Levels of Selected Heavy Metals in Sachet Water Samples Consumed in Nigeria

Assessment of Levels of Selected Heavy Metals in Sachet Water Samples Consumed in Nigeria- Case of Abakaliki, Ebonyi State



1.1       Background to the Study

Unavailability of good quality drinking water is wide spread and this has serious health implications. In developing nations of the world, 80 % of all diseases and over 30% of deaths are related to drinking water (Dada and Ntukekpo, 1997). According to Federal Ministry of Health statistics, only about 30 % of Nigerians have access to portable water while the United Nations estimated that about 1.2 billion people all over the world lack access to portable water (Oyeku et al., 2001; Ajewole, 2005).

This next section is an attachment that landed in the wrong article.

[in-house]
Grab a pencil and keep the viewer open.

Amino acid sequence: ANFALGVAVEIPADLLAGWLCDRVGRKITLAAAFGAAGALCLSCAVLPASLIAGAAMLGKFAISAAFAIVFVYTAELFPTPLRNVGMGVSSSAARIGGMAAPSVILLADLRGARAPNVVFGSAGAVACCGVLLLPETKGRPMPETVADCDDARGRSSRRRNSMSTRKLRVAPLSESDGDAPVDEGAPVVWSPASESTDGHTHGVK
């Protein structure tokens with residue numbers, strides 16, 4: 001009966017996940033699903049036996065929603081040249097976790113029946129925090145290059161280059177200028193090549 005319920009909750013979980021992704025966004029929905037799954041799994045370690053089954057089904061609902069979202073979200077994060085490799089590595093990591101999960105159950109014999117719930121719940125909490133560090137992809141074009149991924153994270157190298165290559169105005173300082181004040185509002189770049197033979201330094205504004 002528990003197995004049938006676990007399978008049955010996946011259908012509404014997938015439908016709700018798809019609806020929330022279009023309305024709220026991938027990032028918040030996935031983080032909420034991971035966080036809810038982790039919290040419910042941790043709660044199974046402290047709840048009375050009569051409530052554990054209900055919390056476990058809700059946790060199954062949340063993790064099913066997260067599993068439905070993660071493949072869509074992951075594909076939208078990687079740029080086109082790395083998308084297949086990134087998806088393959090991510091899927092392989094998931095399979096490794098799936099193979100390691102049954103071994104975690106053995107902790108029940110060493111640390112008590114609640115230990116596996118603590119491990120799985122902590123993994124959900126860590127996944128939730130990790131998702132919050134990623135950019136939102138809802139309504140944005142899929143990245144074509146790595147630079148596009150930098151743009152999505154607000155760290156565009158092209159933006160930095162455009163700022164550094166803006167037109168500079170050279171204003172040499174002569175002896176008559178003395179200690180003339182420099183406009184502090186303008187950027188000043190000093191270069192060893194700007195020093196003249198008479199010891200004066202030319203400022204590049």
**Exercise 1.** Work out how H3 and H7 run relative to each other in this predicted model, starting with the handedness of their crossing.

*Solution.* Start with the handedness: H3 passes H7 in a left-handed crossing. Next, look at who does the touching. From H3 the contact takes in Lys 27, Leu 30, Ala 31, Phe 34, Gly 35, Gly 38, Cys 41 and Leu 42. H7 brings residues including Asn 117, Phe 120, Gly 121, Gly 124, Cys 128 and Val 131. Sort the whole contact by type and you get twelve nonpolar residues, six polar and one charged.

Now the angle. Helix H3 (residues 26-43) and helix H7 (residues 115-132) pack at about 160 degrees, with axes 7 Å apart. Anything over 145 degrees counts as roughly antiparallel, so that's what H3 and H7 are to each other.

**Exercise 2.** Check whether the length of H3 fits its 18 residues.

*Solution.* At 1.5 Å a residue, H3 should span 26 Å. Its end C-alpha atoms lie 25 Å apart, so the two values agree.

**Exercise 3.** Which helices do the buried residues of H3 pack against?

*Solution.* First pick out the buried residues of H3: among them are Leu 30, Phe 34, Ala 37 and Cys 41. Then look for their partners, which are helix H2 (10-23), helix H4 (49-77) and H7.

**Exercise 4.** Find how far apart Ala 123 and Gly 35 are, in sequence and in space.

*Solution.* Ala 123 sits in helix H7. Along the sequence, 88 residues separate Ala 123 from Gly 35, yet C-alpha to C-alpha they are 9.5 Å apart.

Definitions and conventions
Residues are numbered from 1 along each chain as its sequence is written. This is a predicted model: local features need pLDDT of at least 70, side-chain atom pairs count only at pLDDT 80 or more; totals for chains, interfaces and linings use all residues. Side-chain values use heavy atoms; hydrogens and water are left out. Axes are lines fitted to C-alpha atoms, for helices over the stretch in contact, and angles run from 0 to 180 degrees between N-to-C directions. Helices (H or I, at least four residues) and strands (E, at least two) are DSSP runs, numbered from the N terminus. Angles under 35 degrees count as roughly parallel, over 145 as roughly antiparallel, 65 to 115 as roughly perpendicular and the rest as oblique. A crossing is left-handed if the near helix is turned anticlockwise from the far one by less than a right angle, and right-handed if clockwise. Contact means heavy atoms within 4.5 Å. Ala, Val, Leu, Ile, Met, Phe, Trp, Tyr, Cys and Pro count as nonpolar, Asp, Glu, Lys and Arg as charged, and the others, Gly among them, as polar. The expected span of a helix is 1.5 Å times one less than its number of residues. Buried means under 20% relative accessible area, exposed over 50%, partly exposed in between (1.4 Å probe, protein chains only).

Water is said to be portable when its physical, chemical and microbiological qualities conform to specified standards. To achieve such standards, raw water is subjected to purification processes that range from simple long-term storage to enable sedimentation of some suspended solids to aeration, coagulation, flocculation, filtration and disinfection among other treatments (Ajewole, 2005). Sources of water are many and varied, the levels of contamination also vary, and consequently a high degree of public health hazard can be associated with drinking water. The implication therefore, is that any drinking water sold to the public must be made wholesomely and must meet WHO standards (Oyeku et al., 2001).